Resiliency: The Key To Survival

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Resiliency: The Key To Survival

Why Resilience Training Is Important

Resilience training then is a good supplement to the usual treatments that experts offer for mental ill health. Evidence-based therapies such as cognitive behavioural therapy are excellent for overcoming current symptoms, reducing stresses in the here-and-now, and helping people to respond to immediate issues. But resilience techniques go beyond that: they address the underlying issues, building what’s sometimes called ‘mental toughness’.

While such resilience strategies can help people cope with current problems, they tend to be oriented towards prevention. A great many demonstrations from the research show that resilience training boosts self esteem and self efficacy, enhances interpersonal relationships, increases academic or vocational performance, and improves physical health. The evidence that resilience training has a positive impact on general physical well being – lowering blood pressure, alleviating chronic pain and boosting the immune system – is also substantial.

The most important benefit of training could be limiting the effective penetration of trauma. It has been of particular interest and use when adapted in non-clinical settings, eg, helping active army service members cope with deployment and helping with resilience skills in the aftermath of natural disasters.

It’s worth remembering that, though some people do have hereditary traits related to resilience, research has also shown that resilience as a skill can be learned at any point in life, though cognitive, emotional and behavioural changes all take work. The workbook’s techniques are individualised so that they have the best chance of working for each person. Training in resilience benefits most from incorporation into daily habits like washing hands or brushing your teeth, or getting enough sleep.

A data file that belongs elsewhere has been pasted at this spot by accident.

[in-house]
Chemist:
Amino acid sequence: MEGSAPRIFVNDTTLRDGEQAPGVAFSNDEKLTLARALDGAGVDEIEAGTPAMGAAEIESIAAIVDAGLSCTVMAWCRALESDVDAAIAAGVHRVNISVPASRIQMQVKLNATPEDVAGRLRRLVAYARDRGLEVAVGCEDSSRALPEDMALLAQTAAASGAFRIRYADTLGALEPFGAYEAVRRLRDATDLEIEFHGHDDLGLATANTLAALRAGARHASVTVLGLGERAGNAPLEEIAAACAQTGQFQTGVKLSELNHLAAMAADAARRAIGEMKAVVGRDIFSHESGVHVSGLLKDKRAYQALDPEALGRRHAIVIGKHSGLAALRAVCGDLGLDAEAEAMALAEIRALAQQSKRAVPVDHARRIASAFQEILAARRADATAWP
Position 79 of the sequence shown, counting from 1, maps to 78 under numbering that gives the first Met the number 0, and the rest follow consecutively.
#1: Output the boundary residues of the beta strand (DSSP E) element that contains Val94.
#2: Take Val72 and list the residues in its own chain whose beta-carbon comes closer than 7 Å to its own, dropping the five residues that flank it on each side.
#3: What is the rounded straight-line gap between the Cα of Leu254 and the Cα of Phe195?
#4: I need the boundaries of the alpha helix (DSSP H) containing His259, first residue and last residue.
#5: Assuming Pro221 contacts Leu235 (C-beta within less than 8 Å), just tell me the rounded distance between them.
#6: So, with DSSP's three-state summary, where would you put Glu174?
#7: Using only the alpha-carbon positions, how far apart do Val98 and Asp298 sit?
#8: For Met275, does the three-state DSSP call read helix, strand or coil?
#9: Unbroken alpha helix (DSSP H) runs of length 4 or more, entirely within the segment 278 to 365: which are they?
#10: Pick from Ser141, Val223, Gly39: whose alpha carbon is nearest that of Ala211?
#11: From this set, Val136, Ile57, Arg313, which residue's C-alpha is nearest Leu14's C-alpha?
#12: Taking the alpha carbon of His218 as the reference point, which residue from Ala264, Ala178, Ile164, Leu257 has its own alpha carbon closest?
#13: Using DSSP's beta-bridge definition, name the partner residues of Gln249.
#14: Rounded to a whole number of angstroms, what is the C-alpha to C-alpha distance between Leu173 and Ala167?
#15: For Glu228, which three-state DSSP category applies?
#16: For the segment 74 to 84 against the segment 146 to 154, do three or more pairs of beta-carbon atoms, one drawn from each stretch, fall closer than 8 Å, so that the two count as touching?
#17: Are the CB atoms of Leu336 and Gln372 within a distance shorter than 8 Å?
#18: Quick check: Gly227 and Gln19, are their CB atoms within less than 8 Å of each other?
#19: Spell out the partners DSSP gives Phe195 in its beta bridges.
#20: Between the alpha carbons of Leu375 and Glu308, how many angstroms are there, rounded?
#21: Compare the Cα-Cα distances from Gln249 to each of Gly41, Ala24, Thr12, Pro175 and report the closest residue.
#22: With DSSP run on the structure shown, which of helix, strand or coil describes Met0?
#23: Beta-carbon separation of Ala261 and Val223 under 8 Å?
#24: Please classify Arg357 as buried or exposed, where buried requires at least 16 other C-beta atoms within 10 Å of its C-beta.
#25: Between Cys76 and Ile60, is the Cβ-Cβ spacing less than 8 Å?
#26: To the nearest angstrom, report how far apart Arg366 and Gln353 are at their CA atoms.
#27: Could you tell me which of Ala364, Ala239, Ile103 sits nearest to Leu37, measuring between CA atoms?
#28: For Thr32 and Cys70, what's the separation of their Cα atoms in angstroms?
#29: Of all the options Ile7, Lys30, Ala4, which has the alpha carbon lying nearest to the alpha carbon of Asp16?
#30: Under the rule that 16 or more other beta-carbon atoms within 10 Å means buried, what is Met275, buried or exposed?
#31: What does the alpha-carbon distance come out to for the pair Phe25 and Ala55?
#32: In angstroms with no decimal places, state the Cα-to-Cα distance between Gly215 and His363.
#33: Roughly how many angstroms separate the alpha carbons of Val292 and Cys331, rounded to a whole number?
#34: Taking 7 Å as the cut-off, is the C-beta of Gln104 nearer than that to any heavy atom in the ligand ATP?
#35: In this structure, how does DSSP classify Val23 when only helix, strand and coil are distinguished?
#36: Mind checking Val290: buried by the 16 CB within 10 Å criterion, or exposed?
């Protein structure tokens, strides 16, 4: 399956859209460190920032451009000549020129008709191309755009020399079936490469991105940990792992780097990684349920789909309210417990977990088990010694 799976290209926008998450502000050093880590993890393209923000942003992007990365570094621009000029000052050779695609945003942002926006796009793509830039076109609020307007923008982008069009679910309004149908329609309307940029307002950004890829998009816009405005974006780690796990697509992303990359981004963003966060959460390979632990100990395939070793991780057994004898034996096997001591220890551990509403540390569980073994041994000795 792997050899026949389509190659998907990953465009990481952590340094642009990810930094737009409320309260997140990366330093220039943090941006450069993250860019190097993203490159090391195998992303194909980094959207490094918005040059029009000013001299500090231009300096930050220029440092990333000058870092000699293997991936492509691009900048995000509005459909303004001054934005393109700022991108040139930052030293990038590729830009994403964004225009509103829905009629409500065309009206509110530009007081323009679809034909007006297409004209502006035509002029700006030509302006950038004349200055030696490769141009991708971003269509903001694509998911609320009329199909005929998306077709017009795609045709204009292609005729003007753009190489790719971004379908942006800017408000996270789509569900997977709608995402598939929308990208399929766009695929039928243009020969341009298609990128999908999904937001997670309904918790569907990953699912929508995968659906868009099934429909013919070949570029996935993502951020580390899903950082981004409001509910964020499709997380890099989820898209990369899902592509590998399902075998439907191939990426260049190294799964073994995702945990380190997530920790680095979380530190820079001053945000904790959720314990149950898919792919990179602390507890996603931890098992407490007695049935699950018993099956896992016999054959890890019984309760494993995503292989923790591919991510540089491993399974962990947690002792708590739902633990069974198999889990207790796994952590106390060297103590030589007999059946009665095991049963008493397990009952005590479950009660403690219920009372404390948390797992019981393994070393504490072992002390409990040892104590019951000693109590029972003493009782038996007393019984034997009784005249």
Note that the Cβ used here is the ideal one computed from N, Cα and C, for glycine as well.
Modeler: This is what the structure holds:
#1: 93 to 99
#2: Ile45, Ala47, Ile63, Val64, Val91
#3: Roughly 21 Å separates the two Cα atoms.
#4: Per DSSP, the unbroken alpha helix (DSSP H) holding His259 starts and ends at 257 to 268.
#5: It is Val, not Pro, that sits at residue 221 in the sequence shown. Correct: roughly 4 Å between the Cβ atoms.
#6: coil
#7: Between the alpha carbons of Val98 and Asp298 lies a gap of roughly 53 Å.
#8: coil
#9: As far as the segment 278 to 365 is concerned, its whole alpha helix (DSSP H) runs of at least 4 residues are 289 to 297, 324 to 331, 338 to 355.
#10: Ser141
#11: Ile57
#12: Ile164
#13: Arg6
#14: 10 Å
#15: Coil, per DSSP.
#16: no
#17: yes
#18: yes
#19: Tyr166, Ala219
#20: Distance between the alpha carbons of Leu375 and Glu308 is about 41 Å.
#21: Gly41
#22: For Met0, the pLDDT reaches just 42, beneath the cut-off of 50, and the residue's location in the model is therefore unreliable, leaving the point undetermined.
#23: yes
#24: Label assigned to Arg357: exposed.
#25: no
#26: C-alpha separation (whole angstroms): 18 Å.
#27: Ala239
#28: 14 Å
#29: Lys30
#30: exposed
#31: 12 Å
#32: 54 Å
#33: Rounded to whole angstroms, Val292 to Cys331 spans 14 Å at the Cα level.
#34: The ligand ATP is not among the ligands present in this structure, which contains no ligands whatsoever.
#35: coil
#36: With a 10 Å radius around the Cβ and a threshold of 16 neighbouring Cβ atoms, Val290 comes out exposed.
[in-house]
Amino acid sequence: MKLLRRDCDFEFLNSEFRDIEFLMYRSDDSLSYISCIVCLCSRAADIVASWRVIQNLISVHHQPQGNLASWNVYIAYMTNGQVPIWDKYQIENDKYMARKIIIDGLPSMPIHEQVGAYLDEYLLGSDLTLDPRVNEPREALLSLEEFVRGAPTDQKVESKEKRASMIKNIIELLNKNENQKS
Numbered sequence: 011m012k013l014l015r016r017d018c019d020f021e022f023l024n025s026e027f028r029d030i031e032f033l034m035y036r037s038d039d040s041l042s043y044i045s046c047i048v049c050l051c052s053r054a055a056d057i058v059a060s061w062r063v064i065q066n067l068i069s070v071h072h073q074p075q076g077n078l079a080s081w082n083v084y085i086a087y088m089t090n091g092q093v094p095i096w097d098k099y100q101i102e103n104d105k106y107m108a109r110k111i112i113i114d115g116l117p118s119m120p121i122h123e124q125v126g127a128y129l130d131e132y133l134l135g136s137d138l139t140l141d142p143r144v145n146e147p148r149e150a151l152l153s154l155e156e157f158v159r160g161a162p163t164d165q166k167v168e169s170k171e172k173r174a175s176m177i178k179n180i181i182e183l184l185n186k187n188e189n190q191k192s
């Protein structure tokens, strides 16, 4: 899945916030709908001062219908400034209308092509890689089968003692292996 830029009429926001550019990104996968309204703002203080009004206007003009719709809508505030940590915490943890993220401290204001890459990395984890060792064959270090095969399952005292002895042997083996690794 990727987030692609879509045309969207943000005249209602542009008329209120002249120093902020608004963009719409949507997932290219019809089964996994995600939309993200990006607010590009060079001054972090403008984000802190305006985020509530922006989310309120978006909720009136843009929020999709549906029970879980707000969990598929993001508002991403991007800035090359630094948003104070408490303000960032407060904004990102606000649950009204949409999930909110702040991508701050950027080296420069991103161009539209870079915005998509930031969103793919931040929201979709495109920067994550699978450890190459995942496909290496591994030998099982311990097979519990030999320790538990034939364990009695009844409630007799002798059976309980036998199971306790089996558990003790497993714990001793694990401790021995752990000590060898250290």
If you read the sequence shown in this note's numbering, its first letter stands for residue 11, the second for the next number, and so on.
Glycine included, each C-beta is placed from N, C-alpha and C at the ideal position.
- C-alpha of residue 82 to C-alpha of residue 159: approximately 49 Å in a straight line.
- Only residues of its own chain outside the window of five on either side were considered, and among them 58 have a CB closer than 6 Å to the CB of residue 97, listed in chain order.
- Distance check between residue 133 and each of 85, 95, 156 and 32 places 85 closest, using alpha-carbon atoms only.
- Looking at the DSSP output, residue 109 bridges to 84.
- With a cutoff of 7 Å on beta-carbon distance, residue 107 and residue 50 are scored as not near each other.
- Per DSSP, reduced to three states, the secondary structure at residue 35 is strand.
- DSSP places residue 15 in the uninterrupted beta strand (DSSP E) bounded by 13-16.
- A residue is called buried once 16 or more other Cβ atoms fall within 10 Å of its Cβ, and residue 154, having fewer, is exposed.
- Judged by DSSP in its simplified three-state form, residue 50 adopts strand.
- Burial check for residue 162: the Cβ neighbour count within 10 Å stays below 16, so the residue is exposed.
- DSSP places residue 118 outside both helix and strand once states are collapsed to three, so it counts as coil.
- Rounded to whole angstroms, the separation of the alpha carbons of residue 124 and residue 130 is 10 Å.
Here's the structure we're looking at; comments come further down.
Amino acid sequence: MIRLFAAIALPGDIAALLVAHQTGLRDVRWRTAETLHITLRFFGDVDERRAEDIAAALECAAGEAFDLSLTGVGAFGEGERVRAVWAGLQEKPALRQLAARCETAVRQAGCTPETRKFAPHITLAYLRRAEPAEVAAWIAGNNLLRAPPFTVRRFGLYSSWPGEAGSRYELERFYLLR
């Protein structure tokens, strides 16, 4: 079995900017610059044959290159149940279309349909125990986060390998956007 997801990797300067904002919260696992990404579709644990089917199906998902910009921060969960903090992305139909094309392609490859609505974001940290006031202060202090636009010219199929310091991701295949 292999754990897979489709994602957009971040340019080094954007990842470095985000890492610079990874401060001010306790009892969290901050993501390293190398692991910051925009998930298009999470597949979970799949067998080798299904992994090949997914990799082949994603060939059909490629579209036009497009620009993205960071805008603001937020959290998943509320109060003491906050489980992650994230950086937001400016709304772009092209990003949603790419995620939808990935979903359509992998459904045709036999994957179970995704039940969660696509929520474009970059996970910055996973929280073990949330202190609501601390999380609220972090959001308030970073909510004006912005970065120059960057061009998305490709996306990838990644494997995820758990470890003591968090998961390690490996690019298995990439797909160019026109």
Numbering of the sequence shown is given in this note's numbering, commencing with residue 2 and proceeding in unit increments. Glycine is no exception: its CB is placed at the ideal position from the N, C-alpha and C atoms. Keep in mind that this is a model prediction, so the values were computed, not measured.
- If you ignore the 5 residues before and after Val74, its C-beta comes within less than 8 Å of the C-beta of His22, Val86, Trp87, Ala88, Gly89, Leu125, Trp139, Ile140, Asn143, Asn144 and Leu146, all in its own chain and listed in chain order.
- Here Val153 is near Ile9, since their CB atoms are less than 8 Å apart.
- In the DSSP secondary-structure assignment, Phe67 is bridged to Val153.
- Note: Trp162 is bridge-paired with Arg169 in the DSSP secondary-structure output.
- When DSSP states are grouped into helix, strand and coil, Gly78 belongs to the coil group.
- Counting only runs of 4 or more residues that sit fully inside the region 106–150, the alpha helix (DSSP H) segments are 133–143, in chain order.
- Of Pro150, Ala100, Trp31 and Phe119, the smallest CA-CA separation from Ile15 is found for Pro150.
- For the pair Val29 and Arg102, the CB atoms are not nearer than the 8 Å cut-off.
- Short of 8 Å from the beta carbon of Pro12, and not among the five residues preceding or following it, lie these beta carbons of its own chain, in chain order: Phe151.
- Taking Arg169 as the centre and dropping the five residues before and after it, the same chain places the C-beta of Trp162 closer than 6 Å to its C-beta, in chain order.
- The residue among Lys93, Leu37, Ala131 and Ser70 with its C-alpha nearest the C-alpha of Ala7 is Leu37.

Changing Your Perceptions About Yourself

Your subjective readings of experience sometimes have to do with the experience itself and sometimes with your sense of the experience. Perceptions can be distorted and sometimes justify unhealthy or unproductive behaviour. It is important to be able to distinguish your thoughts about an experience from the objective living of an experience.

Changing the words you use to understand and define your experiences requires conscious effort.

Overcoming Self Sabotage

Self sabotage includes doing things that are destructive or unhealthy, or that undermine your goals, efforts or values. Many of these behaviours are rooted in feelings or emotions of anxiety, anger or worthlessness. Everybody has slips from time to time – instances where they cheat on a diet or are late for a meeting. But for some people, self sabotage becomes chronic and significantly sidelines their life, work and relationships.

Negative self talk and low self esteem are often at the root of self sabotage – the belief that we are second class and unworthy leads to a sense of inadequacy and inferiority, which drives a pattern, a schema of behaviours, wherein self sabotage seems to occur again and again. Past instances of self sabotage can provide grounds for believing that we are indeed worthless and validate negative thought patterns. Portrayals and reputations suffer from repeated failure to keep agreements. Those who know and work with a self sabotaging individual will begin to view that person as unreliable, unmotivated, undriven, not willing to ‘get up those hills’, lazy, uncommitted, (whoever-they-think-they-are-but-not-who-they-could-be). Driving the cycle of repeated failure and disappointment is guilt and frustration, with each instance stoking a flame of shame that fuels lower self esteem.

Nixing self-sabotaging behaviours can then feel like the tough-love approach is the key to success, but this can also be a self-sabotaging approach because it distracts from the most important first step; calling out to yourself the needs that self-sabotage satisfies. Before you beat yourself up and attempt to force yourself to make better choices, you might first wish to extend yourself some compassion and put on the brakes. Take a moment to suspend self-judgment so you can remember that self-sabotage must serve some kind of function, perhaps in a way that’s not always obvious.